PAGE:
For some time now, I have been accumulating a bitterness about APIs returning optional booleans. Such disdain has been kept to myself. Until last week.
The last tweet in particular, explains, succinctly the problem: any API that returns an
Bool? puts the onus, of a default value, on the consumer.
Let's look at a trivial situation. The client receives an entity that is translated into this
From a backend perspective, the argument could be: "at this point we don't know if the user is a subscriber or not". For example, when the user signed up for the first time.
Although this might be an innocuous remark, when such entity is bubbled up to a profile screen, we, as the consumer, need to decide what to do with with it:
nilvalue by default could be considered
false. Although this is what 99% of the time one might do, this doesn't necessarily equate to the right user experience. The user, might not even know what does it mean to be a subscriber.
- A second option, is to replace the
Bool?with our own type:
One might argue that this is equivalent to a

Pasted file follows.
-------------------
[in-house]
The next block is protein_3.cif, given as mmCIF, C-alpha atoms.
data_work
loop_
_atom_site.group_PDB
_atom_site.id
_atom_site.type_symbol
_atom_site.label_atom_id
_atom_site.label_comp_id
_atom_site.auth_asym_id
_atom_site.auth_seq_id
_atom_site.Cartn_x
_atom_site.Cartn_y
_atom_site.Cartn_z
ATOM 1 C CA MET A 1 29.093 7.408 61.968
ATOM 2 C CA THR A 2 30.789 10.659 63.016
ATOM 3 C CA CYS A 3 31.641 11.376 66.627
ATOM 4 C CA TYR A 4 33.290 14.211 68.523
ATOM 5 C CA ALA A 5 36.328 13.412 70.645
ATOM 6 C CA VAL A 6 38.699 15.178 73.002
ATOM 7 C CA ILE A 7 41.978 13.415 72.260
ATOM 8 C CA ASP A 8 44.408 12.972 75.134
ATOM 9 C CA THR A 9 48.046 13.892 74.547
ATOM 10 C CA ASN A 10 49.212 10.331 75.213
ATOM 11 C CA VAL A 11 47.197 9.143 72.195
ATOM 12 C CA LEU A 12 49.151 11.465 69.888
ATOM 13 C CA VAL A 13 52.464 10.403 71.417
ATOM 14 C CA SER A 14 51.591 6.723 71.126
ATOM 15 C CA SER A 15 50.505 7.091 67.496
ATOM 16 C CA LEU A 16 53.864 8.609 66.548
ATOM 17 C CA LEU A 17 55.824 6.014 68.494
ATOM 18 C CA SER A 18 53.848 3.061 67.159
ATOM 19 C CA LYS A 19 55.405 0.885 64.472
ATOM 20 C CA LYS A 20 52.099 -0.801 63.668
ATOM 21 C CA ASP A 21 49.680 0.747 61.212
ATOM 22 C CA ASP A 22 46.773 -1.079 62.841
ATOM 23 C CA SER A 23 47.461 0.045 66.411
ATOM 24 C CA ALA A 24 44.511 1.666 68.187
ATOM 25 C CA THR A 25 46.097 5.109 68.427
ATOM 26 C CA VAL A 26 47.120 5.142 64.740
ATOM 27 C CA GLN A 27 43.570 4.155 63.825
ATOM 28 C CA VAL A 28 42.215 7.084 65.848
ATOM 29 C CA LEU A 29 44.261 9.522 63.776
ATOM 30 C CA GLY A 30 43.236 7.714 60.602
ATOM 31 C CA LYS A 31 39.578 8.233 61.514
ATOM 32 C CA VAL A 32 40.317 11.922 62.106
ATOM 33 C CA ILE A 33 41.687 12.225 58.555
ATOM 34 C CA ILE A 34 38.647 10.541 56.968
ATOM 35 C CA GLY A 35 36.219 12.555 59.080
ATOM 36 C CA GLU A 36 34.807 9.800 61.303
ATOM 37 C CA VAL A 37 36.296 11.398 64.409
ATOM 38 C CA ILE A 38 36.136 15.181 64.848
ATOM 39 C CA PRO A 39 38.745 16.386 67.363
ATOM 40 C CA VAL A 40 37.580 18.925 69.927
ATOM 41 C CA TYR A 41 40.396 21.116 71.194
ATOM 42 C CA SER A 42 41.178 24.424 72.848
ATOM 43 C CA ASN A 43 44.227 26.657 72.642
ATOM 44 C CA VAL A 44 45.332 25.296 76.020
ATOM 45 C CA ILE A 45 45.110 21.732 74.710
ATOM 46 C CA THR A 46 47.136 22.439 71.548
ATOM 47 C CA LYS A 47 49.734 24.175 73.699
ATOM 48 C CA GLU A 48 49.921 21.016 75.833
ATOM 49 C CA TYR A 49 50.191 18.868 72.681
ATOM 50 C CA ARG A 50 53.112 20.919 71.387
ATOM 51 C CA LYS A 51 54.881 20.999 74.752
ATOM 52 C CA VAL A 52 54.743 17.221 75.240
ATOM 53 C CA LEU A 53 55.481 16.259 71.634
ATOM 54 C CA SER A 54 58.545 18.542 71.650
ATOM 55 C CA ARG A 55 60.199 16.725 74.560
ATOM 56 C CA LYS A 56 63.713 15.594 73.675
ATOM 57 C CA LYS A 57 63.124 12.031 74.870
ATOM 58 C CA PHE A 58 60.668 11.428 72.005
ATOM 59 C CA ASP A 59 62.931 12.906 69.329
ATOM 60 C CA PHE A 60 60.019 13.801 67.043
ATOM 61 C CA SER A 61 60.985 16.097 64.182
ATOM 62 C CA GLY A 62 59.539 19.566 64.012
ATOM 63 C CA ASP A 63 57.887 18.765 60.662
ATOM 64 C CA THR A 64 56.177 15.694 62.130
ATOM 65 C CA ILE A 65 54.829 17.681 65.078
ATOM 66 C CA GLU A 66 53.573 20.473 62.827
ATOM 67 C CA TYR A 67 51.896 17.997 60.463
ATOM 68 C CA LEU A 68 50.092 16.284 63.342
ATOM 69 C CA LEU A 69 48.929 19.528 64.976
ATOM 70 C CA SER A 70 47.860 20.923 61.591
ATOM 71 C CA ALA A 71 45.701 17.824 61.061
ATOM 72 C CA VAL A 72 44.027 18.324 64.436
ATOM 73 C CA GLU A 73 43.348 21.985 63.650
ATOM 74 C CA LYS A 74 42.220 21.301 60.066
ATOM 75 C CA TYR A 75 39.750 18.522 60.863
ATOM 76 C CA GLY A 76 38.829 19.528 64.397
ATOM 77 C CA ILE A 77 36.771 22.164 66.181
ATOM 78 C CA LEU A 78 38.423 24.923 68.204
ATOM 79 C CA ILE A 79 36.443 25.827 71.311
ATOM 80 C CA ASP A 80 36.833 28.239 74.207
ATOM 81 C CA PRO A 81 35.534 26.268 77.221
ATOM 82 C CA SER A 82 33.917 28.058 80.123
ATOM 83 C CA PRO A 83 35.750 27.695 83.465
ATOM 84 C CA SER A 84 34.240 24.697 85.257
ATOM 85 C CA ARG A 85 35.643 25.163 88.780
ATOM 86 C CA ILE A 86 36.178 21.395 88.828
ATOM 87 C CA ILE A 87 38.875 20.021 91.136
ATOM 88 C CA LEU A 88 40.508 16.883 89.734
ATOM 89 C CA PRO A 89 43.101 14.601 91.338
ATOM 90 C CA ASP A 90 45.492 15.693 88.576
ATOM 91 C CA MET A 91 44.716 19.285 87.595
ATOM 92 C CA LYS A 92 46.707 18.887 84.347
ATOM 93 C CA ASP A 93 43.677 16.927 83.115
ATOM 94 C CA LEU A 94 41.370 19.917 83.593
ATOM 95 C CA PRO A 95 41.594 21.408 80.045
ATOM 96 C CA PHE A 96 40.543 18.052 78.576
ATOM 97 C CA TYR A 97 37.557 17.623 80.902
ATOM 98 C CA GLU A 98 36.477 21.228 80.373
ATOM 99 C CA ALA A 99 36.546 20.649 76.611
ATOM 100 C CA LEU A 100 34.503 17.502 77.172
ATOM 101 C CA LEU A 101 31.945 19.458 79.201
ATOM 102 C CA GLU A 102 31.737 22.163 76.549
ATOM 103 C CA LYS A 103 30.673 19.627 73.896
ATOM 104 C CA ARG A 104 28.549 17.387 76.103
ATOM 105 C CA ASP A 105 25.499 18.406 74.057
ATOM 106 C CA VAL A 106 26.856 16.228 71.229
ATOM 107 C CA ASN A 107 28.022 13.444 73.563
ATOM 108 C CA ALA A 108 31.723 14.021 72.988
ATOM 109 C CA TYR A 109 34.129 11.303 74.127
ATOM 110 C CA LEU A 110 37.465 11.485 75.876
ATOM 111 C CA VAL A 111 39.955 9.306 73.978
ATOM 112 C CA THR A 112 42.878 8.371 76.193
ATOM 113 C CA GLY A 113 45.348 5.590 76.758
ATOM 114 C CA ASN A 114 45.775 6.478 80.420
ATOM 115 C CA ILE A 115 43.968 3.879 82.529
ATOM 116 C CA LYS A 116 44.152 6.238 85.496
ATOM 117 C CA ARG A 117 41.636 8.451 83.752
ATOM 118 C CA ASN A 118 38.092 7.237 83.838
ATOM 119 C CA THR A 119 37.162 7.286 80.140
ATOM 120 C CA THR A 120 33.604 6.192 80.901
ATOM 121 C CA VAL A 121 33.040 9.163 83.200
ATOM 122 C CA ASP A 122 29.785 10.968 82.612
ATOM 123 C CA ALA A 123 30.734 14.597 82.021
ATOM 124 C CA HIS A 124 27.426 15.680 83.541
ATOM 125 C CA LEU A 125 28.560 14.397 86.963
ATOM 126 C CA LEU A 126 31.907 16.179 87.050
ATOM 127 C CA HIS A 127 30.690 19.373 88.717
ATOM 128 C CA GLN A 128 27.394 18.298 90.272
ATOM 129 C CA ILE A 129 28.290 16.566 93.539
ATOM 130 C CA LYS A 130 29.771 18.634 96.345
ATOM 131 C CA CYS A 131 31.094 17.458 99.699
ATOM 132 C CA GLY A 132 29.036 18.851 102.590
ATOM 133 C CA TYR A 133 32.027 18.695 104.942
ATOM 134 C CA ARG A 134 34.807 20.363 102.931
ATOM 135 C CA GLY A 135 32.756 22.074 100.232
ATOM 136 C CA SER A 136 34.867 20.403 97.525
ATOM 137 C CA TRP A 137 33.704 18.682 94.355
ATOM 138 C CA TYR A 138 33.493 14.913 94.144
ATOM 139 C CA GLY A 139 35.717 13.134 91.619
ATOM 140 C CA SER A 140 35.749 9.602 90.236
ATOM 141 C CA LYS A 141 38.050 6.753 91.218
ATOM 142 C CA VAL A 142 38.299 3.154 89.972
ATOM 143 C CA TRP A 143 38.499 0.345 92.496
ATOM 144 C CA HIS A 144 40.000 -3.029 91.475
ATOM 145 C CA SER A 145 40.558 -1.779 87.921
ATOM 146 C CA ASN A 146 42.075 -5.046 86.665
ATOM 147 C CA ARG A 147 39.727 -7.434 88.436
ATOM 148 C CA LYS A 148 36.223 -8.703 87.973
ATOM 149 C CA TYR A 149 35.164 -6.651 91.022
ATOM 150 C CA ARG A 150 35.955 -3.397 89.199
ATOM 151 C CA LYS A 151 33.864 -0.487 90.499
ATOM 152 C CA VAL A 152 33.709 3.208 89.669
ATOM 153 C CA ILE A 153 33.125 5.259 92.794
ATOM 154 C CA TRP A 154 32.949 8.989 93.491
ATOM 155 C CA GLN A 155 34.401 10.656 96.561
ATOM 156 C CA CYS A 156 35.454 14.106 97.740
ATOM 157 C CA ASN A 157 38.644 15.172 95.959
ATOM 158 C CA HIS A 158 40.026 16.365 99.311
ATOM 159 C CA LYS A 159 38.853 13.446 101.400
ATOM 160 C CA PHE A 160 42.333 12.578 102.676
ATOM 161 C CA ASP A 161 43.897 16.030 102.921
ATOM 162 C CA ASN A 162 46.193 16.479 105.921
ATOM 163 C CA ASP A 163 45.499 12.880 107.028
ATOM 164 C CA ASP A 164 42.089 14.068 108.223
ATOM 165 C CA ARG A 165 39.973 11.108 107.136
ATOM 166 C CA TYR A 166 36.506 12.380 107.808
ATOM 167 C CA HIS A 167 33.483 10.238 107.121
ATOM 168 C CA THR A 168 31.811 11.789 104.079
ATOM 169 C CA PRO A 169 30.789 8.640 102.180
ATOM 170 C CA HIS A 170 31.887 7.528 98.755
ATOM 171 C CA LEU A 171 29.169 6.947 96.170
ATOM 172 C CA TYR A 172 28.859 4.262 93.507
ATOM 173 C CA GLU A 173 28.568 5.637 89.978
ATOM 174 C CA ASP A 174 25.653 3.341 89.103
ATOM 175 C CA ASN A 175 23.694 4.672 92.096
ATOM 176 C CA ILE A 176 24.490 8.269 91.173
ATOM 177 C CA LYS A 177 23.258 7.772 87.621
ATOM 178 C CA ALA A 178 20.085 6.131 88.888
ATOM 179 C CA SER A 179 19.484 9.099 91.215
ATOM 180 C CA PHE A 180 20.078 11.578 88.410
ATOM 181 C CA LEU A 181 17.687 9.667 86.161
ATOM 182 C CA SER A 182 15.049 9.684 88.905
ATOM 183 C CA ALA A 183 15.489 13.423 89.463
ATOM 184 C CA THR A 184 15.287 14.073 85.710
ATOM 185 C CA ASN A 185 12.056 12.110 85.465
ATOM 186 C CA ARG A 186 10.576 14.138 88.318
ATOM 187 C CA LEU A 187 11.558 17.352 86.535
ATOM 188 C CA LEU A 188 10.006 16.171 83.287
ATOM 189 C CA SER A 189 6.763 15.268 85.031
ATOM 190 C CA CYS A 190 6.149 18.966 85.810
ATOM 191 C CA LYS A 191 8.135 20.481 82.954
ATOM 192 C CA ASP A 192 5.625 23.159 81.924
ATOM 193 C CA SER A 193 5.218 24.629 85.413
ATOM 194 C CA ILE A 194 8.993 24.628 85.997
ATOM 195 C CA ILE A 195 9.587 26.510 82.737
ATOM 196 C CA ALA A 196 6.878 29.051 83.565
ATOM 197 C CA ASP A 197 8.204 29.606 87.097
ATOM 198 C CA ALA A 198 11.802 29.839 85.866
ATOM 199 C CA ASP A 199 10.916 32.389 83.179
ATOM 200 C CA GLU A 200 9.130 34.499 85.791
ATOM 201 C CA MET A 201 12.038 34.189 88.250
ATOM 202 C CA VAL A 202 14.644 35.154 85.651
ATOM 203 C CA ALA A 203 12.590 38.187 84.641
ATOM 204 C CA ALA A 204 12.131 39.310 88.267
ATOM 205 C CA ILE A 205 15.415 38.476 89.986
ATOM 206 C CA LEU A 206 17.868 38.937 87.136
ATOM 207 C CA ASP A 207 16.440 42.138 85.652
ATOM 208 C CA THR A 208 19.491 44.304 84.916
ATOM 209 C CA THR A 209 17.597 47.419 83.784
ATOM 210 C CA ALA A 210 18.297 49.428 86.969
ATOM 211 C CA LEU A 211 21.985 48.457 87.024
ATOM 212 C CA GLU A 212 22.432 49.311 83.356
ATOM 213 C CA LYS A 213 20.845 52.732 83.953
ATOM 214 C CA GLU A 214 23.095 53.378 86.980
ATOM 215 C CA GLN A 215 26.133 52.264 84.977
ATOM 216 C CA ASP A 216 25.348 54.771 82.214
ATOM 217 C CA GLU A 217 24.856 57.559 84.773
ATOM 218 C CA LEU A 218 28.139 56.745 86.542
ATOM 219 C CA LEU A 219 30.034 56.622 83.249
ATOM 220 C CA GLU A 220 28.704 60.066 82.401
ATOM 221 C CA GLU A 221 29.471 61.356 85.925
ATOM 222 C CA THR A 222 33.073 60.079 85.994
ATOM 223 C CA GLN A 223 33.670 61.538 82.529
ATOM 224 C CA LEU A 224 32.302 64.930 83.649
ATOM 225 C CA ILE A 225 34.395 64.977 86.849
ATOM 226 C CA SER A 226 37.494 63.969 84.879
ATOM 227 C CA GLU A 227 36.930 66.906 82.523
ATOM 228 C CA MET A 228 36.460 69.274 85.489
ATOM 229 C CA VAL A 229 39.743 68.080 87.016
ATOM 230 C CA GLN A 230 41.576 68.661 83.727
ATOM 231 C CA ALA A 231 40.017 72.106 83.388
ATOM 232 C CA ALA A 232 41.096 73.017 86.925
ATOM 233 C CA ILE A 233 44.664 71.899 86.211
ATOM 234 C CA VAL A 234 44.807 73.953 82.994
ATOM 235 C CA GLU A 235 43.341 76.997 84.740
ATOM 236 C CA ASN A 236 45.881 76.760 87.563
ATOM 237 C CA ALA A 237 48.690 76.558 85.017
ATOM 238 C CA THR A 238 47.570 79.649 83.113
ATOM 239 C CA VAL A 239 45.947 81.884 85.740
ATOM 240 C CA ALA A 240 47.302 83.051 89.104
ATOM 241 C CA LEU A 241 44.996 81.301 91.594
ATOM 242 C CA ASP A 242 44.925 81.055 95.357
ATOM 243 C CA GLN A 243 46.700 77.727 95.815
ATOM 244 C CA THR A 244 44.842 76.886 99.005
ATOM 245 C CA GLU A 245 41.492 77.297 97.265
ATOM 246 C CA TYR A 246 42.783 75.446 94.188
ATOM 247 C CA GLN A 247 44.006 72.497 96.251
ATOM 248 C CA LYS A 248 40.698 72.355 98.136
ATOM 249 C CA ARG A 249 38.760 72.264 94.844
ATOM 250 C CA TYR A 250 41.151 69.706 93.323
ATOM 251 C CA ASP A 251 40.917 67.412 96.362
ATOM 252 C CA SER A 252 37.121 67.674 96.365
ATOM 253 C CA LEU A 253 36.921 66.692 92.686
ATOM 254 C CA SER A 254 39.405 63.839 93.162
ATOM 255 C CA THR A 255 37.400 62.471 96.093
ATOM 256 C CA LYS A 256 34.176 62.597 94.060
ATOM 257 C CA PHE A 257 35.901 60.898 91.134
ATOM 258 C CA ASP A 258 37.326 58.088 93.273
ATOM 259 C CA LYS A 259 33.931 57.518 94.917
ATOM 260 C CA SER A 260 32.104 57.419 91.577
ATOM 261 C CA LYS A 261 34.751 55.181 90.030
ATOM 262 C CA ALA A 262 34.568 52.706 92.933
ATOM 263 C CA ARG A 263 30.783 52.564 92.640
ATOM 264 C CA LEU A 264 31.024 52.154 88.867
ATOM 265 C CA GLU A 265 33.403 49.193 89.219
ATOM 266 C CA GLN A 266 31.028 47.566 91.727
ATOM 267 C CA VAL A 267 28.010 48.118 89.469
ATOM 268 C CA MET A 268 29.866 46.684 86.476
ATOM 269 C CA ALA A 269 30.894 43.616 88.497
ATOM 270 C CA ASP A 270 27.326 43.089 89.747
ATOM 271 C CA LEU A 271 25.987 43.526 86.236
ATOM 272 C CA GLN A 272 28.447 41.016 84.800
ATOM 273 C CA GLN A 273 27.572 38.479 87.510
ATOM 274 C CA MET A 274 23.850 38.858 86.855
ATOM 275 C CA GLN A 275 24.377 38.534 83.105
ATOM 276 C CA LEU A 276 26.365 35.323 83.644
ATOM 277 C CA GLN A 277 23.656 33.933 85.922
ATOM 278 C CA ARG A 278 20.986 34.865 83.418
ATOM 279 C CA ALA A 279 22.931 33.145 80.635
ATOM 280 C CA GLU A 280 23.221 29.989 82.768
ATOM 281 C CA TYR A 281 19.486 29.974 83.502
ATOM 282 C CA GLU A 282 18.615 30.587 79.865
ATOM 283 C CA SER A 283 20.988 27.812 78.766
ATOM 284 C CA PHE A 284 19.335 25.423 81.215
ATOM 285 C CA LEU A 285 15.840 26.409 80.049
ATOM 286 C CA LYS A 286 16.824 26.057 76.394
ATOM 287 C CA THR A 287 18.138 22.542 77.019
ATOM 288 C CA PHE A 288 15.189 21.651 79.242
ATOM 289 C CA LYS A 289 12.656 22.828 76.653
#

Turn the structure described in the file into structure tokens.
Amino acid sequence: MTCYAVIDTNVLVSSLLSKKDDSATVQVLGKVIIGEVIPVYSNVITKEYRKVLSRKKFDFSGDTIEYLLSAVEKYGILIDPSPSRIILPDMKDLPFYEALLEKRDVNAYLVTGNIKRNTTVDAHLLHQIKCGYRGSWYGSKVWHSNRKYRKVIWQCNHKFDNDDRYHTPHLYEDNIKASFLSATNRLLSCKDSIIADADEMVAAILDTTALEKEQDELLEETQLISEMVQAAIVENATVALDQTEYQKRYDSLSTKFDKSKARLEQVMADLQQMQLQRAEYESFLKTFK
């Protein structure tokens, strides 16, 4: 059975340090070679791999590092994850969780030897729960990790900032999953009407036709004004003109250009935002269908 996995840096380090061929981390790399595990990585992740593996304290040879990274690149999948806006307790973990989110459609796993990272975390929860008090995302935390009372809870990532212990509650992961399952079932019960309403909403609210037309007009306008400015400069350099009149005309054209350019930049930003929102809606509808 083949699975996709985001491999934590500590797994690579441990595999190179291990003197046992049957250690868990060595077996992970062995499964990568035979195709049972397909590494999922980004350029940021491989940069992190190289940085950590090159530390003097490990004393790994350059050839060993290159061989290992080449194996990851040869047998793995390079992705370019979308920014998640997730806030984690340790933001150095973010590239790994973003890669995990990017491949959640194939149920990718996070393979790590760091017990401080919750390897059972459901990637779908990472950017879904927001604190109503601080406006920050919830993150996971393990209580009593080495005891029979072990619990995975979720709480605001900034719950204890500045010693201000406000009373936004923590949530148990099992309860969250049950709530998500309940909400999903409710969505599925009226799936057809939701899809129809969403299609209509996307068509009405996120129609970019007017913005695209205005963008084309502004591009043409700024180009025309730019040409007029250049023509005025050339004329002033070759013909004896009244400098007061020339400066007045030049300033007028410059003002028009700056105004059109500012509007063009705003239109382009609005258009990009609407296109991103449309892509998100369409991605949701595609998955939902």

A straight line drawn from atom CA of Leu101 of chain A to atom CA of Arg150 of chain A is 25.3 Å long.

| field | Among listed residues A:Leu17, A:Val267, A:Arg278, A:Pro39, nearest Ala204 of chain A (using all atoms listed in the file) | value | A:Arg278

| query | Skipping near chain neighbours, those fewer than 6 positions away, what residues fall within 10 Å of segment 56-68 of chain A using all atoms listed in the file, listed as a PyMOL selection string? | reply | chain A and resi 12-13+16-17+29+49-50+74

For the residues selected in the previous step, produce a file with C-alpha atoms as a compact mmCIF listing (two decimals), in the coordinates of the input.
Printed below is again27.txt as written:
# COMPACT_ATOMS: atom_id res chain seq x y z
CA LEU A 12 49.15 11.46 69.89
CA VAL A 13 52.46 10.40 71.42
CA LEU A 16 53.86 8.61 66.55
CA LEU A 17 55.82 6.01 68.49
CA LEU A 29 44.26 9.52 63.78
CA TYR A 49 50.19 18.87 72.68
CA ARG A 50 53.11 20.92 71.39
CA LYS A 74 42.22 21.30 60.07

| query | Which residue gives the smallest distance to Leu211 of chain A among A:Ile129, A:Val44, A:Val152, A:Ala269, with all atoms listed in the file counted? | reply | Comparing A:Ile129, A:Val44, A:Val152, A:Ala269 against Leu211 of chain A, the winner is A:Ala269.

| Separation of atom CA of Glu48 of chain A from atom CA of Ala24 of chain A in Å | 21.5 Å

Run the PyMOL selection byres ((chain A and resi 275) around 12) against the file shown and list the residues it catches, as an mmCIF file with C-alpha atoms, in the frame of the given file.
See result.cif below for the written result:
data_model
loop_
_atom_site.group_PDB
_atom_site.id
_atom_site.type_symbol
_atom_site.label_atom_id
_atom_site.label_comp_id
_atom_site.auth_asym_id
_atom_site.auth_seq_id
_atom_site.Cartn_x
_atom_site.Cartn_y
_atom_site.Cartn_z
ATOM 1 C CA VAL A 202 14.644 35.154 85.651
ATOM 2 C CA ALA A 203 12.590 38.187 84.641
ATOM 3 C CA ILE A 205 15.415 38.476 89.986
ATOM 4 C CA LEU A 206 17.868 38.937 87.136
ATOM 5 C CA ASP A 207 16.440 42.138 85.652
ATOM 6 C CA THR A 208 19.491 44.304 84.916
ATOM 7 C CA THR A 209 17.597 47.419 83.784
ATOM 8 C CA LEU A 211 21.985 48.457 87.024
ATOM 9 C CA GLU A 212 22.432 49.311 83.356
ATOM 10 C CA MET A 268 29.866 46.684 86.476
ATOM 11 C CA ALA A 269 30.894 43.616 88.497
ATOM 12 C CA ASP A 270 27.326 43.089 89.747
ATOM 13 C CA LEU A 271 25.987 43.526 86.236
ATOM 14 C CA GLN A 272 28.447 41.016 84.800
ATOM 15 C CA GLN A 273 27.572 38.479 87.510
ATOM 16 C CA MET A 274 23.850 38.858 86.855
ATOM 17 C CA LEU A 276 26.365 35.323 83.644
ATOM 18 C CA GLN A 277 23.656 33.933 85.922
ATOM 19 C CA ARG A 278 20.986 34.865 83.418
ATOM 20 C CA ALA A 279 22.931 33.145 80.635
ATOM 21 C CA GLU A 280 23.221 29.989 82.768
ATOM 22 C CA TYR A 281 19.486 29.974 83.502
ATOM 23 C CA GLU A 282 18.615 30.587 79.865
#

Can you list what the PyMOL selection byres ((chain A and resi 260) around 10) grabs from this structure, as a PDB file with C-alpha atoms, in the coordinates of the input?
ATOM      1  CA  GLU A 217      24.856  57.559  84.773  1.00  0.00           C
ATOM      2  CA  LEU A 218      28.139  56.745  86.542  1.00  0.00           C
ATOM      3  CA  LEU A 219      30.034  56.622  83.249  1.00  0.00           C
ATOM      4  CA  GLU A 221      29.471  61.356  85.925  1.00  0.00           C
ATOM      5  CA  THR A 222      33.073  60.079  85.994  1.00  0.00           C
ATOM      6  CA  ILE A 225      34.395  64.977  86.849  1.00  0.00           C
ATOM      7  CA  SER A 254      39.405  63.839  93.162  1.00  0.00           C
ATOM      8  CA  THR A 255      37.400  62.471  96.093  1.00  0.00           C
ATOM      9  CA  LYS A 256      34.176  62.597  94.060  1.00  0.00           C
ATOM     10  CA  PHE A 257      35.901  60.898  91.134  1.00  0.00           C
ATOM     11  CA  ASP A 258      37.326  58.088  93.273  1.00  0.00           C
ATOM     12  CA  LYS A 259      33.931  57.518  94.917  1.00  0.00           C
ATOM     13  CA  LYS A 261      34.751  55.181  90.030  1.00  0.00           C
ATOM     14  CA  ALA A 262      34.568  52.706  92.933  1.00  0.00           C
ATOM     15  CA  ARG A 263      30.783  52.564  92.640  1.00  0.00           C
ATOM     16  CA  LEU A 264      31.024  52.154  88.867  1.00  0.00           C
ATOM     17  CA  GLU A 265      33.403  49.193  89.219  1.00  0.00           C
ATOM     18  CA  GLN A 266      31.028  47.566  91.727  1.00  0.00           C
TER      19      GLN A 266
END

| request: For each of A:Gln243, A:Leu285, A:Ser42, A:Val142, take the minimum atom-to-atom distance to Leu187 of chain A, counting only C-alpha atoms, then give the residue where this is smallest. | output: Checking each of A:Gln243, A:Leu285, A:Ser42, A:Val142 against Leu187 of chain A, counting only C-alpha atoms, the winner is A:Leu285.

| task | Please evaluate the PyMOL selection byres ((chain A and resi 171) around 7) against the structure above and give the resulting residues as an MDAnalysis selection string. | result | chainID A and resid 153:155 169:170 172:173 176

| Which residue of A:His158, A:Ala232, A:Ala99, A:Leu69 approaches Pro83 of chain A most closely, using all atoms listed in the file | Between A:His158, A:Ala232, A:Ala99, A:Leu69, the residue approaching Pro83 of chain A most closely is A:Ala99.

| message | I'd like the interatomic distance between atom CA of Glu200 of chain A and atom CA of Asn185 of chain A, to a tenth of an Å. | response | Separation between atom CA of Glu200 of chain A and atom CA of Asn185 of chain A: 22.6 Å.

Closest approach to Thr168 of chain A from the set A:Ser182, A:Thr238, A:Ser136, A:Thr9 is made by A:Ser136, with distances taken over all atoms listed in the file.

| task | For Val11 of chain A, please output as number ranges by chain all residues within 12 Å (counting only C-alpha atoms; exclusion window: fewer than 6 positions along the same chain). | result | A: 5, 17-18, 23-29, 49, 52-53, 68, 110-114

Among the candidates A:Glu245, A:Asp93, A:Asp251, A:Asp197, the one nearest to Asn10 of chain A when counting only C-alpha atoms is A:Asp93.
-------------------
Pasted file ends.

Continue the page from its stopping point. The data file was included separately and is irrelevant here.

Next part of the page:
Bool?, and from a number of possible cases, it is, but it provides far better context to whoever check the
UserProfile. The case
newUser is named as such, because after the registration, we have no idea about its subscription status.
From a UI perspective, it also makes things clear:
While most of us are also used to a boolean following the form
isSomethingEnabled, it's conceivable that an API could return
isSomethingDisabled. This means that the canonical if
false, no longer holds and one would have to make
true as the default value if
It's also quite common for a backend to have at least three consumers: iOS, Android and Web. Which means that each team will decide, what's the right default three times.
Ok, so does this mean one should never use
Bool?? Throughout the thread, a few people point out cases that have some legitimacy and its usage is warranted. Still, in each case, these could potentially be improved by either:
- Providing an enum to give more context to whoever would use such model object.
- There's a suitable default value that could be used instead of
Nonetheless, it can become unpractical to translate all
Bool? to their own enums. Not only that, the suggestions above assume we control the whole system.